Mt Spokane Photography

I post too Much on Here!!
Mar 25, 2011
15,516
745
crashpc said:
I wonder why they just don't use whole pixels for AF/LF too....
Sony uses whole pixels for AF, but they can't be part of the image, Canon managed to get around that issue with the dual pixel setup.

You only get a image that is a fraction of the total pixels when used for light field. The Lytro had a 40mp sensor to get a 4 mp image. By using dual, quad, or even a pixel divided into 8 sub pixels, you do not need a 240 mp sensor to get a 30 mp image. The Lytro images originally had to be sent to lytro to be processed by a powerful computer in order to get a finished image. The processing power to get a 30 mp image would have been fantastic. I think that Canon's patent gets around it to a great extent, but not entirely.

Although examples show a dual and quad pixel setup, the patent actually applies to any number of sub pixels, so it depends on the ability to manufacture them, and on the computing power needed to process them.
 

jolyonralph

Kodak Brownie
Aug 25, 2015
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London, UK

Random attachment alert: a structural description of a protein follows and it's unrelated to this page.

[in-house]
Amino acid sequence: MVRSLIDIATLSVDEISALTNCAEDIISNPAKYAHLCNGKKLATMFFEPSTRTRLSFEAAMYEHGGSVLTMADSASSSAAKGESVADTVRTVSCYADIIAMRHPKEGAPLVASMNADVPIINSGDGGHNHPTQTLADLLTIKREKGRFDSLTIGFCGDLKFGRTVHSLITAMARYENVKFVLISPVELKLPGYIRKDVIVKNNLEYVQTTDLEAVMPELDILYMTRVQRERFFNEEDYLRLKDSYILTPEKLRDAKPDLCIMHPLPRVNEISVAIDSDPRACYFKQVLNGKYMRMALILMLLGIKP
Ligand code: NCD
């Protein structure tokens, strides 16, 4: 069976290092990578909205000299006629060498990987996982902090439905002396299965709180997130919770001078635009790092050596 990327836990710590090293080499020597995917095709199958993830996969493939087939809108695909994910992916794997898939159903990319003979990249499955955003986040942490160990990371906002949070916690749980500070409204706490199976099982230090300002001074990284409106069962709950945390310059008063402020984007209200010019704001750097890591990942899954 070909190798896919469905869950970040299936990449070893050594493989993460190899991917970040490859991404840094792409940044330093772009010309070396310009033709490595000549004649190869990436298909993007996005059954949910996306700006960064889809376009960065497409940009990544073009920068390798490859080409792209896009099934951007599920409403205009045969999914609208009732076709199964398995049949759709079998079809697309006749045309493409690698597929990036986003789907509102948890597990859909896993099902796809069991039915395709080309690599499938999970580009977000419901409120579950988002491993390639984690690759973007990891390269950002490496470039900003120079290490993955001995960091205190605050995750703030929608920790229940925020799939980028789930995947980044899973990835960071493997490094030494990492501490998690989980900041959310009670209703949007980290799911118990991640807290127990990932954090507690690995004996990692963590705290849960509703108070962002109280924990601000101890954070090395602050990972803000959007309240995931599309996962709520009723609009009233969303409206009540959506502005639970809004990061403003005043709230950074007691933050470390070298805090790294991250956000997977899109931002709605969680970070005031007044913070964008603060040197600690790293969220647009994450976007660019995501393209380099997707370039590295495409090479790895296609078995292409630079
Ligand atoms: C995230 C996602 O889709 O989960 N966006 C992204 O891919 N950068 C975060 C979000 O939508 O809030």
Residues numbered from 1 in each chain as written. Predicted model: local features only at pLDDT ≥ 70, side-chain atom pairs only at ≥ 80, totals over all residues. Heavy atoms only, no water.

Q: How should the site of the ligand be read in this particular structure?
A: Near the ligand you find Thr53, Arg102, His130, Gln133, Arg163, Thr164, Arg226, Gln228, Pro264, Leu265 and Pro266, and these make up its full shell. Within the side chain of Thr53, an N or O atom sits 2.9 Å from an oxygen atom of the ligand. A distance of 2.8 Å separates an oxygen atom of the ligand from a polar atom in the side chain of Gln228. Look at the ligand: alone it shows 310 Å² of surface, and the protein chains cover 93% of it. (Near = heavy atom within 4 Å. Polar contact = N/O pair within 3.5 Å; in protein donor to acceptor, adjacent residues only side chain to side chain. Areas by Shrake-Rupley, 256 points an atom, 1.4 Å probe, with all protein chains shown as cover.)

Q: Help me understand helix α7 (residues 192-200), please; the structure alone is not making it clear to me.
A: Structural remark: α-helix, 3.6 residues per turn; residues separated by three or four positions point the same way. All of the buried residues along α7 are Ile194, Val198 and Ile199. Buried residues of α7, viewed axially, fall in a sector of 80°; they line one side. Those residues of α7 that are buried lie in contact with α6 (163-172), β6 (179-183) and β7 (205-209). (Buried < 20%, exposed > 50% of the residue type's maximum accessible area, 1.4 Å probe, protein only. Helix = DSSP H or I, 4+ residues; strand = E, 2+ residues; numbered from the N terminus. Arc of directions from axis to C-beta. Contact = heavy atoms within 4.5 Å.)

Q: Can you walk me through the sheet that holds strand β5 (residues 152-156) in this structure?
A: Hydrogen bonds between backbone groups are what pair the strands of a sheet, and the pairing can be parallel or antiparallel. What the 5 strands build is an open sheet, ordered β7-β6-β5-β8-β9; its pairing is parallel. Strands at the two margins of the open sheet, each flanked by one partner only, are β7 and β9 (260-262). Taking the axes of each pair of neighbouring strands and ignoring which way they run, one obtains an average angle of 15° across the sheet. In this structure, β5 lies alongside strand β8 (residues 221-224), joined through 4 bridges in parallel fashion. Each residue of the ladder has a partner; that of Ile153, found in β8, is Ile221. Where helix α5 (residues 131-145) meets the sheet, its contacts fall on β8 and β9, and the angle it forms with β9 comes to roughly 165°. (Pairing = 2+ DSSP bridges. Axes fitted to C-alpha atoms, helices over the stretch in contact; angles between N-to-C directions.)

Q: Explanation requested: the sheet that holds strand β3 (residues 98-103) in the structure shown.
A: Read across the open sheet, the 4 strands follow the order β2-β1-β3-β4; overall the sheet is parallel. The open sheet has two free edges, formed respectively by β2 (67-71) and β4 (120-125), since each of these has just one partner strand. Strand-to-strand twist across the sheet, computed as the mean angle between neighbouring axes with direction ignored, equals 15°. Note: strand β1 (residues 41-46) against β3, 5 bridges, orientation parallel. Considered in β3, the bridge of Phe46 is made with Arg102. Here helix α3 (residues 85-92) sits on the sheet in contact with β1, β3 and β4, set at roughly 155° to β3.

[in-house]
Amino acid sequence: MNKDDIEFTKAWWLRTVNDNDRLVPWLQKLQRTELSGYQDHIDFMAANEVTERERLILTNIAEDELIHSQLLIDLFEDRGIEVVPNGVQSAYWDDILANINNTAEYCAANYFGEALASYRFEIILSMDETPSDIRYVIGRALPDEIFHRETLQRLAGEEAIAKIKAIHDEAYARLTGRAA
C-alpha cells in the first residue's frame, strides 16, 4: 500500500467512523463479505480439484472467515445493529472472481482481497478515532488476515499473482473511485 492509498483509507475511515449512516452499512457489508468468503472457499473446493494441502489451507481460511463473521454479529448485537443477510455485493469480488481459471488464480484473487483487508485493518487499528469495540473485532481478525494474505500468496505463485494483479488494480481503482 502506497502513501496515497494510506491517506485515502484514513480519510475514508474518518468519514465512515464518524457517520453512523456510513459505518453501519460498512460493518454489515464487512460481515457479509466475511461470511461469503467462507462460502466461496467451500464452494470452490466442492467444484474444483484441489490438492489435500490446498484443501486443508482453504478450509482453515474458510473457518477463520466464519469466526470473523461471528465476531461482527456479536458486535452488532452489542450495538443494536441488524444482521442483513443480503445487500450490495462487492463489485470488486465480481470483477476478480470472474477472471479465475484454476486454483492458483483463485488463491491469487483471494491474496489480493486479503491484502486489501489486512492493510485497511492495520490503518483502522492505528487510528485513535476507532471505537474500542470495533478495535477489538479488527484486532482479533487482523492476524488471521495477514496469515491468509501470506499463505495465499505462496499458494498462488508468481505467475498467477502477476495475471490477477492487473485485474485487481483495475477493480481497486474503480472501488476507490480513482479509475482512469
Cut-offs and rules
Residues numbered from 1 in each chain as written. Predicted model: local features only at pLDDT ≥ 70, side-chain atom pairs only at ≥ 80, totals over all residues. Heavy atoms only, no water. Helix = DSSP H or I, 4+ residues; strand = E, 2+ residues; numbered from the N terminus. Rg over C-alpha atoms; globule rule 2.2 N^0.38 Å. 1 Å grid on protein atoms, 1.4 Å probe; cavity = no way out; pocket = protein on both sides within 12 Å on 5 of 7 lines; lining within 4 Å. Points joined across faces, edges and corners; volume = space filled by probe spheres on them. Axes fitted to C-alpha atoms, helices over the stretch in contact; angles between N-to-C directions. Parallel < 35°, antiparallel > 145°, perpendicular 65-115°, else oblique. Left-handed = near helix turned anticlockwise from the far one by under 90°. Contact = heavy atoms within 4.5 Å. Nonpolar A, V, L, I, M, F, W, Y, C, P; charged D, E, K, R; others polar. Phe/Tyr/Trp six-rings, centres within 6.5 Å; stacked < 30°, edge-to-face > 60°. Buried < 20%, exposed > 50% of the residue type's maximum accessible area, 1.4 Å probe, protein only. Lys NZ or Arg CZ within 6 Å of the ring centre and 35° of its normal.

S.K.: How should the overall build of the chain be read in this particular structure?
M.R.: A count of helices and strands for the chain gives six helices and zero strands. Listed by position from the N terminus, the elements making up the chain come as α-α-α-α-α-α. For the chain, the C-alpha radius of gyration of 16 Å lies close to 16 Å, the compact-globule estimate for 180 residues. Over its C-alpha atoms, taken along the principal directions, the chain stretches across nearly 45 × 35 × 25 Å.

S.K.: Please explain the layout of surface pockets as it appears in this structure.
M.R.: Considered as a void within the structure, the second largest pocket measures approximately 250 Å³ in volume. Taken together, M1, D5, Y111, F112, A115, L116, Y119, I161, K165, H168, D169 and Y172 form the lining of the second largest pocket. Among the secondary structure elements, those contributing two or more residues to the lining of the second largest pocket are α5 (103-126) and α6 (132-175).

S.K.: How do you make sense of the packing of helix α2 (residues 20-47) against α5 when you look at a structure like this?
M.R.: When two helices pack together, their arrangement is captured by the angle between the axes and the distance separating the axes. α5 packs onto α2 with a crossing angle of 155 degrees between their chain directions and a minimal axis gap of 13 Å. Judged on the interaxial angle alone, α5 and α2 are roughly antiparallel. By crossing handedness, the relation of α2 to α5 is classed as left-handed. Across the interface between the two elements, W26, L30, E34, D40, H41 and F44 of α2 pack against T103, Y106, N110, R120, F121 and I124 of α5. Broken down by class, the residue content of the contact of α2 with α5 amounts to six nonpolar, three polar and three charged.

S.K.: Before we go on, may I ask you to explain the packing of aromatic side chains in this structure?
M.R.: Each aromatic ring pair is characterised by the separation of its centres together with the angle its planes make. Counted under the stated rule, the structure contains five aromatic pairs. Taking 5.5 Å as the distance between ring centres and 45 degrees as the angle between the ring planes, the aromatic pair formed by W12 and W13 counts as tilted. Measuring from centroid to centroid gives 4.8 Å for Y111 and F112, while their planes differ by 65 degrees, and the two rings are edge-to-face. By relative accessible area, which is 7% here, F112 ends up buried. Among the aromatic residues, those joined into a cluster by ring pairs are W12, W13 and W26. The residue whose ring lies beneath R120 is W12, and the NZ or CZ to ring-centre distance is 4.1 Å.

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Antono Refa said:
Canon Rumors said:
Secondly, the example diagram clearly shows a DSLR with an EVF.
It also shows a mirror and a pentaprism.
The 'EVF driving circuit' is linked to a totally different part of the architecture than the 'Display Driving circuit' which drives "main display apparatus" and "auxiliary display apparatus".

Now, for all sensible purposes the rear screen displays identical content to the EVF, so an "EVF" as we normally know it would be covered under the "auxiliary display apparatus" side of things.

So this means something else. Could it simply mean the LCD display within the viewfinder? I'm pretty sure someone drafting a patent for Canon would know the difference.

More likely it's Canon covering the options, with their engineers knowing that an implementation of this sort of technology could work with the EVF driven either directly by the microcomputer or by the video signal processing circuit, therefore they've covered both within the patent just in case.